This tutorial is designed to teach you how to create your very own multitasking operating system and kernel from scratch. It is assumed you have no experience in programming kernels and you are taught from the ground up.
Real Mode Development:
Real mode is a legacy mode in all Intel processors that causes the processor to start in a legacy state, it performs as the old 8086 Intel processors did back in the way. In the “Real Mode Development” section of the tutorial we start by learning about the boot process and how memory works, we then move on to creating our very own boot loader that we test on our real machine. This boot loader will output a simple “Hello World.” message to the screen and we write this boot loader in purely assembly language.
In this section, we also read a sector(512 bytes) from the hard disk and learn all about interrupts in real mode and how to create them. This section gives you a nice taster into kernel development, without overwhelming you with information. You are taught the basics and enough about the legacy processors to be able to move forward to more modern kernel development further into this tutorial.
Protected Mode Development.
In this section, we create a 32-bit multi-tasking kernel that has the FAT16 filesystem. Our kernel will use Intel’s built-in memory protection and security mechanisms that allow us to instruct the processor to protect our kernel and prevent user programs from damaging it. This section is very in-depth, you are taught all about paging and virtual memory. We take advantage of clever instructions in Intel processors to allow all processes to share the same memory addresses, this is known as memory virtualization. We map memory addresses to point to different physical memory addresses to create the illusion that every process that is running is loaded at the same address. This is a very common technique in kernel development and is also how swap files work (Those files that are used to compensate for when you run out of usable RAM).
We create our own virtual filesystem layer that uses a design that is similar to the Linux kernel. This clever abstraction that will be taught to you was inspired by the instructor’s knowledge of writing Linux kernel drivers in his past. You are taught about the design of the FAT16 filesystem and how the FAT16 filesystem is broken down into clusters and that they can chain together. We then implement our very own FAT16 filesystem driver allowing files to be born.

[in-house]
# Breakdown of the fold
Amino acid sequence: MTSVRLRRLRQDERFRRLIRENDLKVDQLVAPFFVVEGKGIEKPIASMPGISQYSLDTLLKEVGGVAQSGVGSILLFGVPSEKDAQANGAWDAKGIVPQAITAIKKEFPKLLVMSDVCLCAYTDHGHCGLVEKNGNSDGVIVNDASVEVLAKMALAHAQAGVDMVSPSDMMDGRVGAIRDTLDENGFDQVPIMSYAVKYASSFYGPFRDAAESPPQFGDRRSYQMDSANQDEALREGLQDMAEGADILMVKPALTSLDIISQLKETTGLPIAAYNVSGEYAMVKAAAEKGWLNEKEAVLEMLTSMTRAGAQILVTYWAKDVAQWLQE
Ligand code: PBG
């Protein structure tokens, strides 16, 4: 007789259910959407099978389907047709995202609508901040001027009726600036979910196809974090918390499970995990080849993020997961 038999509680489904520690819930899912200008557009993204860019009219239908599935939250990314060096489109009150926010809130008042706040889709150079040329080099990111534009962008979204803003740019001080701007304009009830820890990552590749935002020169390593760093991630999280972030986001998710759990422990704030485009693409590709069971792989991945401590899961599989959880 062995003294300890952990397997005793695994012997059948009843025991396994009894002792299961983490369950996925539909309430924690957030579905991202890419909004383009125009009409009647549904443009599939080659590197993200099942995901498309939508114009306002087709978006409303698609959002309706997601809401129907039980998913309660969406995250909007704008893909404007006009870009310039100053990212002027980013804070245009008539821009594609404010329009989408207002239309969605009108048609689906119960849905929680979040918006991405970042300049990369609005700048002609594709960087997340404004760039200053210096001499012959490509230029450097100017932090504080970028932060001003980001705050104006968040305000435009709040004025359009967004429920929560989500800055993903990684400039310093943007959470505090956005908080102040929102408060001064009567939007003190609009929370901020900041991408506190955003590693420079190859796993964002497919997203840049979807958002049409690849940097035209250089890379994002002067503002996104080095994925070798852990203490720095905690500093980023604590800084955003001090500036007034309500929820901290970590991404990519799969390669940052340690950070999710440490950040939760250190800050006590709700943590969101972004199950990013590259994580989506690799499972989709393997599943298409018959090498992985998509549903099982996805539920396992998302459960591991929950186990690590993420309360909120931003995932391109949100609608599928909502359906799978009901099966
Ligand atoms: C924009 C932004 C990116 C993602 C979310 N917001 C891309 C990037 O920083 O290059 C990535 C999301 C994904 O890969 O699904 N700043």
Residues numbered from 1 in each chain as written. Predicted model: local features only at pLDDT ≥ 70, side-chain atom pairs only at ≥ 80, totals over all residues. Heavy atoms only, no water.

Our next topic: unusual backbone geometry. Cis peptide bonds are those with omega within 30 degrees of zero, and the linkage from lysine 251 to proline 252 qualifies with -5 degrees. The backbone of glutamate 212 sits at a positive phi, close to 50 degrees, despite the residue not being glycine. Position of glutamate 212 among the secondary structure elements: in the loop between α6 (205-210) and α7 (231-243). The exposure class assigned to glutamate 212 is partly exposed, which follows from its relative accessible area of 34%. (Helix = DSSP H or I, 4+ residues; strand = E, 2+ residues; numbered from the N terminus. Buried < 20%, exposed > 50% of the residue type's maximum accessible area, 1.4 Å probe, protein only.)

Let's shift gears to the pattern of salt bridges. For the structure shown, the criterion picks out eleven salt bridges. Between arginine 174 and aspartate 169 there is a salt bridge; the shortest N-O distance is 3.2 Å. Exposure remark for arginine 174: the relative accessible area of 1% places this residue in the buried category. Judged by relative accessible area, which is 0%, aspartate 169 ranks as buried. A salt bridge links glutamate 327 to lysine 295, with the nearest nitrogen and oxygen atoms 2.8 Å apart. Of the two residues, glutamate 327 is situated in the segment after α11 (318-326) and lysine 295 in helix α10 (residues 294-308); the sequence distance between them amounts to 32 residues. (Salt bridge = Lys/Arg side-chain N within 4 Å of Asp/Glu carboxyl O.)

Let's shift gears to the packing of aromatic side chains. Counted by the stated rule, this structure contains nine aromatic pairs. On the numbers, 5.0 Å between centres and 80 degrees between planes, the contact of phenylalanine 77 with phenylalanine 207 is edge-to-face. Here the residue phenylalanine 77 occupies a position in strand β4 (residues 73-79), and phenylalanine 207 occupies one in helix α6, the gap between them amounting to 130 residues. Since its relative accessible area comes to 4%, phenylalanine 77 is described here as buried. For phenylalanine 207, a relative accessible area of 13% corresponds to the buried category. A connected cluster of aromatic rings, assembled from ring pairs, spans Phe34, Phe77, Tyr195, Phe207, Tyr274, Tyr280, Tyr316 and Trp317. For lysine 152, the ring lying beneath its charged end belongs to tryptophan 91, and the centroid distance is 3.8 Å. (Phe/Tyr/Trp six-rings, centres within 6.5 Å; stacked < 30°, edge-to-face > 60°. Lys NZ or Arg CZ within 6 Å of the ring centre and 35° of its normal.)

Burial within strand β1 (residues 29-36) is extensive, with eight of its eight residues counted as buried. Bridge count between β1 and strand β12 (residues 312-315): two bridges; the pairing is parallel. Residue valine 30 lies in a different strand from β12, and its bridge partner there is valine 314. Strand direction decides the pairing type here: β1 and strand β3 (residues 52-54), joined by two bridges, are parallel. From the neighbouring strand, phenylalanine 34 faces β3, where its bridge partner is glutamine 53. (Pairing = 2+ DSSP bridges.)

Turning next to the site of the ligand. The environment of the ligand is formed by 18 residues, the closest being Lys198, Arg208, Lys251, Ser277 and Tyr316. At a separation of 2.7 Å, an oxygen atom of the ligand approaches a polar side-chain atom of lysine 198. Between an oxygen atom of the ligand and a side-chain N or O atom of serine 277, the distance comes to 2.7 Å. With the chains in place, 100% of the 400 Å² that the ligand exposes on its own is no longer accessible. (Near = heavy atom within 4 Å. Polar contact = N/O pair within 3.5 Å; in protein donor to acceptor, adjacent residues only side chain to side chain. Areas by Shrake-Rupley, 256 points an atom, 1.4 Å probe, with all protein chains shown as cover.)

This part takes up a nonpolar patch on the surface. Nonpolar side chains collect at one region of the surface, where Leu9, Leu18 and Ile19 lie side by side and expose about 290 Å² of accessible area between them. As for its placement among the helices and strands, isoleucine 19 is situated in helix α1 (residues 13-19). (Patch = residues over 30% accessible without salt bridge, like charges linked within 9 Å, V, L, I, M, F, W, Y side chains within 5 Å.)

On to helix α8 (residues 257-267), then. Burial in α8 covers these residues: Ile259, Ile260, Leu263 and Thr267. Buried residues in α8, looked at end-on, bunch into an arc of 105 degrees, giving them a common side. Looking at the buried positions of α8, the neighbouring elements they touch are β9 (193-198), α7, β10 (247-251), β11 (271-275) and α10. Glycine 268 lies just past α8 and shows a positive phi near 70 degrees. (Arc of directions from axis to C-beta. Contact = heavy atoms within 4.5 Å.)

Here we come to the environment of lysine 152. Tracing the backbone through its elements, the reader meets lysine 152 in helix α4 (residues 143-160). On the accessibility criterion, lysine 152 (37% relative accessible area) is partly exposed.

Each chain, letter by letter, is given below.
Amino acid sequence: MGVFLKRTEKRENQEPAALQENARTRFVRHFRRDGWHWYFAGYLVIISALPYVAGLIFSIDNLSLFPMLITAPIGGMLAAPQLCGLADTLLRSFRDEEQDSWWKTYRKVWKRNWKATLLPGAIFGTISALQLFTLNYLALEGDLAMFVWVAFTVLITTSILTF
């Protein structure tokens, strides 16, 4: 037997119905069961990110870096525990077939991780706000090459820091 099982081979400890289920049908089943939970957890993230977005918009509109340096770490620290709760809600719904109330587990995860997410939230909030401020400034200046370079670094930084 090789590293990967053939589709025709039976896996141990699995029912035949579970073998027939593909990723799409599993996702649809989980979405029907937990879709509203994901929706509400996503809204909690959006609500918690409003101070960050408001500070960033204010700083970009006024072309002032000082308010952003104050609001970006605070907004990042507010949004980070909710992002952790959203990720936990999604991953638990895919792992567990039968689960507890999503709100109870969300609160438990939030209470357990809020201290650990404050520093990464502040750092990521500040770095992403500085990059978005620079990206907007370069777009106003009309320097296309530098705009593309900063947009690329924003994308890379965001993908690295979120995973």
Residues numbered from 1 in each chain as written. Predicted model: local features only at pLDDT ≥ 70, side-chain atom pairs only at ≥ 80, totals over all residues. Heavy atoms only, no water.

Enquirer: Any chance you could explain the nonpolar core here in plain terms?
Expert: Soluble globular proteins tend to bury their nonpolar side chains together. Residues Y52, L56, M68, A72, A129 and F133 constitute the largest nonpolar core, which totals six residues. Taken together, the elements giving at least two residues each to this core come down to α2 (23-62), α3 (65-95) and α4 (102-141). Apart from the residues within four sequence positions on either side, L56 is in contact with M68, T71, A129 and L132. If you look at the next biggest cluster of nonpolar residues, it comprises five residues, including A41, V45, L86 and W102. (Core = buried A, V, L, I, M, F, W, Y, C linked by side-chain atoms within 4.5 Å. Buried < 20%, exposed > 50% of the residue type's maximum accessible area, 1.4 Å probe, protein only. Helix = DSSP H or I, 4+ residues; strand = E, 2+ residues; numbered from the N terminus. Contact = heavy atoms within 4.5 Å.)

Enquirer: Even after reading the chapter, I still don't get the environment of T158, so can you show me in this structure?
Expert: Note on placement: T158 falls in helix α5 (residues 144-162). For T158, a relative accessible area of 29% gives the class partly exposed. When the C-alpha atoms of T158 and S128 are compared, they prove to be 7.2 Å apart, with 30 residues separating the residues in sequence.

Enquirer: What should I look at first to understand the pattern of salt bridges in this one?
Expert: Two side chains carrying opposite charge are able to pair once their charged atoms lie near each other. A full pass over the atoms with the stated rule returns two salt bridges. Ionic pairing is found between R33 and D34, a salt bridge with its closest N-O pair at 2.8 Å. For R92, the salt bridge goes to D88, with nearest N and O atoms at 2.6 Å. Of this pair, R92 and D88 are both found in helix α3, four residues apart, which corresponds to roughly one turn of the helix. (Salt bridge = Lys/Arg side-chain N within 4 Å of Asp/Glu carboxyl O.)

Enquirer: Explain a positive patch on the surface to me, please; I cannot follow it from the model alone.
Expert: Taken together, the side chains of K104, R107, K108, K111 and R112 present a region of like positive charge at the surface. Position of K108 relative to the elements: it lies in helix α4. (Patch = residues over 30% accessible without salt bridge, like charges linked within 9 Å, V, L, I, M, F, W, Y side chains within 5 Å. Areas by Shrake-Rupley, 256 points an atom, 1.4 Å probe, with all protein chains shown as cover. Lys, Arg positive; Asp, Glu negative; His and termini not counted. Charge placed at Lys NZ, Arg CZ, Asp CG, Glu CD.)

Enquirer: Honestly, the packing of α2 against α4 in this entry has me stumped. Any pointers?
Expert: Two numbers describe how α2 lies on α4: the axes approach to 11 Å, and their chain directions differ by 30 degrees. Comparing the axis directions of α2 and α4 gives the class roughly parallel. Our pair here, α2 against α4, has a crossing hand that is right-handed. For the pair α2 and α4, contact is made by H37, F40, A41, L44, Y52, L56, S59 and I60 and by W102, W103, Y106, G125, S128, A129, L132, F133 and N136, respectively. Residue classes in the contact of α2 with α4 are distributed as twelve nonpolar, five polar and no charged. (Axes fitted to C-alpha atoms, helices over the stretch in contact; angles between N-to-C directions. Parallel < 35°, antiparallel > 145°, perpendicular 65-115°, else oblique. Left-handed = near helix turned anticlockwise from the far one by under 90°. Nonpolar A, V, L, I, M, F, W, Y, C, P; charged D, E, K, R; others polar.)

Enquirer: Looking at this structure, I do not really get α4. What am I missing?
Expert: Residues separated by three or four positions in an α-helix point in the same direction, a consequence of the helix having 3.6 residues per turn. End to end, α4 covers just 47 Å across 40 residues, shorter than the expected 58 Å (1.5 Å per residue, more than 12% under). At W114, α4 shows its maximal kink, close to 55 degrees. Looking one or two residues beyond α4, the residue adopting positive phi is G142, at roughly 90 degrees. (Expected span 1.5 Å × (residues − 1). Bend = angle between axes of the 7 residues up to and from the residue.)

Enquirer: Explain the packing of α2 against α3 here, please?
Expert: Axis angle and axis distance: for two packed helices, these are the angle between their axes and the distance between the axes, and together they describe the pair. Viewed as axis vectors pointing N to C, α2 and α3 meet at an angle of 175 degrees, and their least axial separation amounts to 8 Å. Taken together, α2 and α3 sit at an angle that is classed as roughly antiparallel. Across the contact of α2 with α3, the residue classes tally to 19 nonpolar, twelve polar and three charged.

We implement functionality for tasks and processes and write our own keyboard drivers.
In this tutorial you also get to learn how memory management works, we implement the “malloc” and “free” functions creating our very own heap that’s designed to keep track of what memory is being used. Memory management is essential in any operating system and kernel.
Let us not forget that we even create an ELF file loader, we will compile all our operating systems programs into ELF files and allow the loading of binary programs or ELF programs. ELF files contain a lot of information that describes our program for example where our program should be loaded into memory and the different sections of the program.
By the end of this tutorial, you will have a fully functioning 32-bit multi-tasking kernel that can have many processes and tasks running at the same time. You will have a working shell that we can use as well. Build a multitasking operating system and kernel with an interactive shell.
Assembly language bonus:
This is a bonus section designed to bring your assembly skills up to scratch should you struggle a little bit with the assembly language in this tutorial. It’s however advised you come to this tutorial with experience in assembly language, we do use it, and its importance. Nevertheless, if you want to take a chance on this tutorial with no assembly experience then this section will help point you in the right direction so you are able to take what you learned and apply it to the kernel. Taught by an expert that has created Linux kernel modules professionally in the workplace.
What you’ll learn:
- How to create a kernel from scratch.
- How to create a multi-tasking kernel.
- How to handle malicious or problematic programs in your operating system. Terminating them if they misbehave.
- How memory works in computers.
- The difference between kernel land, user land and the protection rings that make up modern computing.
- Kernel design patterns used by the Linux kernel its self.
- You will learn all about virtual memory and how to map virtual addresses to physical addresses.
- You will learn how to make the kernel understand processes and tasks.
- You will learn how to load ELF files.
- You will learn how to debug disassembled machine code.
- You will learn how to debug your kernel in an emulator with GDB.
- You must know the C programming language.
- It is wise have some basic knowledge in assembly language.
- You should have a Linux operating system, free to install from the internet (We use Ubuntu in this tutorial).
Who this tutorial is for:
- Beginner kernel developers who want to learn how to create kernels.